There is an urgent need to understand how offshore wind farms could affect marine biodiversity. This exciting new project will combine advanced demographic analysis and state-of-the-art wildlife tracking to provide critical insight into how mortality through collisions with offshore turbines could affect long-term population viability of a high-profile marine predator of high conservation status in the UK, developing a much-needed framework to assist with consenting decisions for marine renewable energy developments.
A large increase in offshore wind turbine capacity is anticipated in the next decade, raising concerns about possible adverse impacts on birds as a result of mortality caused by collisions with turbine blades. Gannets have been identified as a species of particular concern but there is great uncertainty over the likely consequences of additional mortality for gannet population sizes. You will use a unique combination of demographic modelling, field tracking data and digital aerial survey data to address four aims:
1. Modelling gannet population dynamics.
2. Assessing potential effects of wind farms on stage-specific mortality.
3. Predicting impacts of heightened mortality on population dynamics and viability.
4. Informing advice on policy.
The project is a close collaboration between the University of Leeds and two industrial project partners: (i) Vattenfall Wind Power, one of Europe’s largest producers of electricity and the second largest within offshore wind, and; (ii) MacArthur Green, an Environmental Consultancy with a specialisation in environmental impact assessment in relation to renewable energy development. Results of the project will greatly reduce the current large uncertainty in environmental impact assessments for offshore wind farms, providing direct benefits to developers, licensing authorities and Statutory Nature Conservation Bodies charged with providing informed advice to Government. Greater certainty in impact assessments will also be of benefit to NGOs such as RSPB and a range of other stakeholders including the general public. Outputs from the project will include: (a) specific advice on how different levels of imposed stage-specific mortality would affect gannet population dynamics and colony sizes, and; (a) broadly applicable tools that could be parameterized for other species and in other contexts to reduce the uncertainty associated with planning consent decisions.
Impacts of anthropogenic changes to marine ecosystems on higher predators are an issue of pressing concern (e.g. Cleasby et al 2015a) and we are strongly placed to answer important unresolved questions about how individual foraging strategies are likely to drive population-level responses. This research thus has very strong potential to yield high-impact outputs, building on recent work within this research group (e.g. Wakefield et al 2013). You will work under the supervision of Professor Keith Hamer and Professor Tim Benton within the wildlife telemetry group in the School of Biology, with additional CASE partner supervision provided by Jesper Larsen at Vattenfall Wind Power and Bob Furness at MacArthur Green. This project provides a high level of specialist scientific training in: (i) capturing, handling and deploying a wide range of trackers and loggers on free-living wild birds; (ii) analysis and presentation of tracking data using a wide range of advanced geostatistical and related methods, and; population dynamic analysis and modelling. You will also have access to a broad spectrum of training courses and workshops provided by the School of Biology, from numerical modelling and data analysis using R, through to effective use of social media, managing your degree and preparing for your viva.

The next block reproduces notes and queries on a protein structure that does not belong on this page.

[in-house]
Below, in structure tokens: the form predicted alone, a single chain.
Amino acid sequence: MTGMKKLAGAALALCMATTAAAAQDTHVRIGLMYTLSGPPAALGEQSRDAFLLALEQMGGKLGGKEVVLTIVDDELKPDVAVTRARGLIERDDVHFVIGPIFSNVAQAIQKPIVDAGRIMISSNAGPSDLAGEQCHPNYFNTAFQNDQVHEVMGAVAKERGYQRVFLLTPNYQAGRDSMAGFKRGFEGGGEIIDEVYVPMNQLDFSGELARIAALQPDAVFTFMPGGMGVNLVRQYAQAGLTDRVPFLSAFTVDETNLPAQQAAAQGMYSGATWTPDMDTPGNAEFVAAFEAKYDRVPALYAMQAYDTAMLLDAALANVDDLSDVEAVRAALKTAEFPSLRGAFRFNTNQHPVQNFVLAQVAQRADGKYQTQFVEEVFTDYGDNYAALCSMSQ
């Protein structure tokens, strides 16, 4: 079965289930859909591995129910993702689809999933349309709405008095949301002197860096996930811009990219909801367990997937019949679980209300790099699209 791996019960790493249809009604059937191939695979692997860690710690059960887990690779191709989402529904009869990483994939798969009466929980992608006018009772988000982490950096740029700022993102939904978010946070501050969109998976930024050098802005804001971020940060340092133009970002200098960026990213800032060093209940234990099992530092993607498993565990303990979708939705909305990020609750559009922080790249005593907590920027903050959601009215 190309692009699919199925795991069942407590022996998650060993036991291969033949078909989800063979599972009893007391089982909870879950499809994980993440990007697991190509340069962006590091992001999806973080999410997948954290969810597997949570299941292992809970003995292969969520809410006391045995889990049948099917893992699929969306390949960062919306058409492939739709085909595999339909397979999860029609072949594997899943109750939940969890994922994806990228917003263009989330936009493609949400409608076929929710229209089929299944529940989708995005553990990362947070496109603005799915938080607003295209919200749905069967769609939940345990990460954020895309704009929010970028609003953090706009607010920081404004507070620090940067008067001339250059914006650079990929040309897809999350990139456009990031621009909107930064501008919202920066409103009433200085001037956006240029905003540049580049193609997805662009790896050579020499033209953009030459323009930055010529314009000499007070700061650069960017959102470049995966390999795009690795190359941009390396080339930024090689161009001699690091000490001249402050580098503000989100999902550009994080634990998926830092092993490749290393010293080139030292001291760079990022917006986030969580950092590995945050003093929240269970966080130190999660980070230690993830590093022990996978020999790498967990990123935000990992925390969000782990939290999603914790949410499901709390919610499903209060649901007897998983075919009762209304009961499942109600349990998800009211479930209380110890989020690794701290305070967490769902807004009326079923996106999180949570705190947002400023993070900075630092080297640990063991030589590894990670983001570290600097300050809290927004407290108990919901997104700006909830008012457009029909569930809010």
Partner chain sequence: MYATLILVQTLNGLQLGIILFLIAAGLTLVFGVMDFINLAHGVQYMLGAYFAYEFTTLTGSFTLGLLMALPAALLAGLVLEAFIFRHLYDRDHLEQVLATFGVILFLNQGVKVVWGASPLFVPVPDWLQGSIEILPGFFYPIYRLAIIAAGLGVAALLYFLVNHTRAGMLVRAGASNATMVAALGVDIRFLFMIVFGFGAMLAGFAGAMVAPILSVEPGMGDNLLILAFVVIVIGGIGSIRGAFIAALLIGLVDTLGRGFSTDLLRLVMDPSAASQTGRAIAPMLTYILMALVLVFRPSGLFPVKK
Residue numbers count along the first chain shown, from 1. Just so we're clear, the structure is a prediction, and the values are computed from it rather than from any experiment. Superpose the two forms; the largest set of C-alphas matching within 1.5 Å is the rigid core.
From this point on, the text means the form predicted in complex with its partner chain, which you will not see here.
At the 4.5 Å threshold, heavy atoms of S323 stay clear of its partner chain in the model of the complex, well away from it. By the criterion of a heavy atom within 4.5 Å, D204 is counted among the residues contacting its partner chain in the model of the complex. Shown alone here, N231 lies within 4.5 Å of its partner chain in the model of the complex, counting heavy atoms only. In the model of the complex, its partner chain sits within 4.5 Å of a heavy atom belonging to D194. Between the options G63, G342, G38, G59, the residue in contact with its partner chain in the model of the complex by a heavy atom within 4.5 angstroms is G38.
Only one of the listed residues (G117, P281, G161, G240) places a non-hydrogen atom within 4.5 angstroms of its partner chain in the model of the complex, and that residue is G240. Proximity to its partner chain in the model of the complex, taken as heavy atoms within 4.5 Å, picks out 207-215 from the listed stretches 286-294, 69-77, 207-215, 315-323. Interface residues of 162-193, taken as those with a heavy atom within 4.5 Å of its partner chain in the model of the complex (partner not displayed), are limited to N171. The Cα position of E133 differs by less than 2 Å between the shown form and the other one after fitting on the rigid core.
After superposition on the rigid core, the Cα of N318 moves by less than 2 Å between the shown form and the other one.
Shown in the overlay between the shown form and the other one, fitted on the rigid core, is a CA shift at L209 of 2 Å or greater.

Cleasby IR, Wakefield ED, Bearhop S, Bodey TW, Votier SC, Hamer KC (2015a) Three dimensional tracking of a wide-ranging marine predator: flight heights and vulnerability to offshore wind farms. Journal of Applied Ecology: doi: 10.1111/1365-2664.12529
Cleasby I, Wakefield ED, Bodey TW, Davies RD, Partick S, Miller P, Newton J, Votier S, Bearhop S, Hamer KC (2015b) Sexual segregation in a wide-ranging marine predator is a consequence of habitat selection. Marine Ecology Progress Series 518: 1-12 (featured article)
Patrick SC, Bearhop S, Bodey TW, Grecian WJ, Hamer KC, Lee J, Votier SC (2015) Individual seabirds show consistent foraging strategies in response to predictable fisheries discards. Journal of Avian Biology 46: doi: 10.1111/jav.00660
Wakefield ED, Cleasby IR, Bearhop S, Bodey TW, Davies R, Miller PI, Newton J, Votier SC, Hamer KC (2015) Long-term individual foraging site fidelity – why some gannets don’t change their spots. Ecology 96: in press
Wakefield ED, Bodey TW, Bearhop S, Blackburn J, Davies R, Dwyer RG, Green J, Grémillet D, Jackson AL, Jessopp MJ, Kane A, Langston RHW, Lescroël A, Murray S, Le Nuz M, Patrick SC, Péron C, Soanes L, Wanless S, Votier SC, Hamer KC (2013) Space partitioning without territoriality in gannets. Science 341: 68-70
Hamer KC, Humphreys EM, Magalhães MC, Garthe S, Hennicke J, Peters G, Grémillet D, Skov H, Wanless S. (2009) Fine-scale foraging behaviour of a medium-ranging marine predator. Journal of Animal Ecology 78: 880-889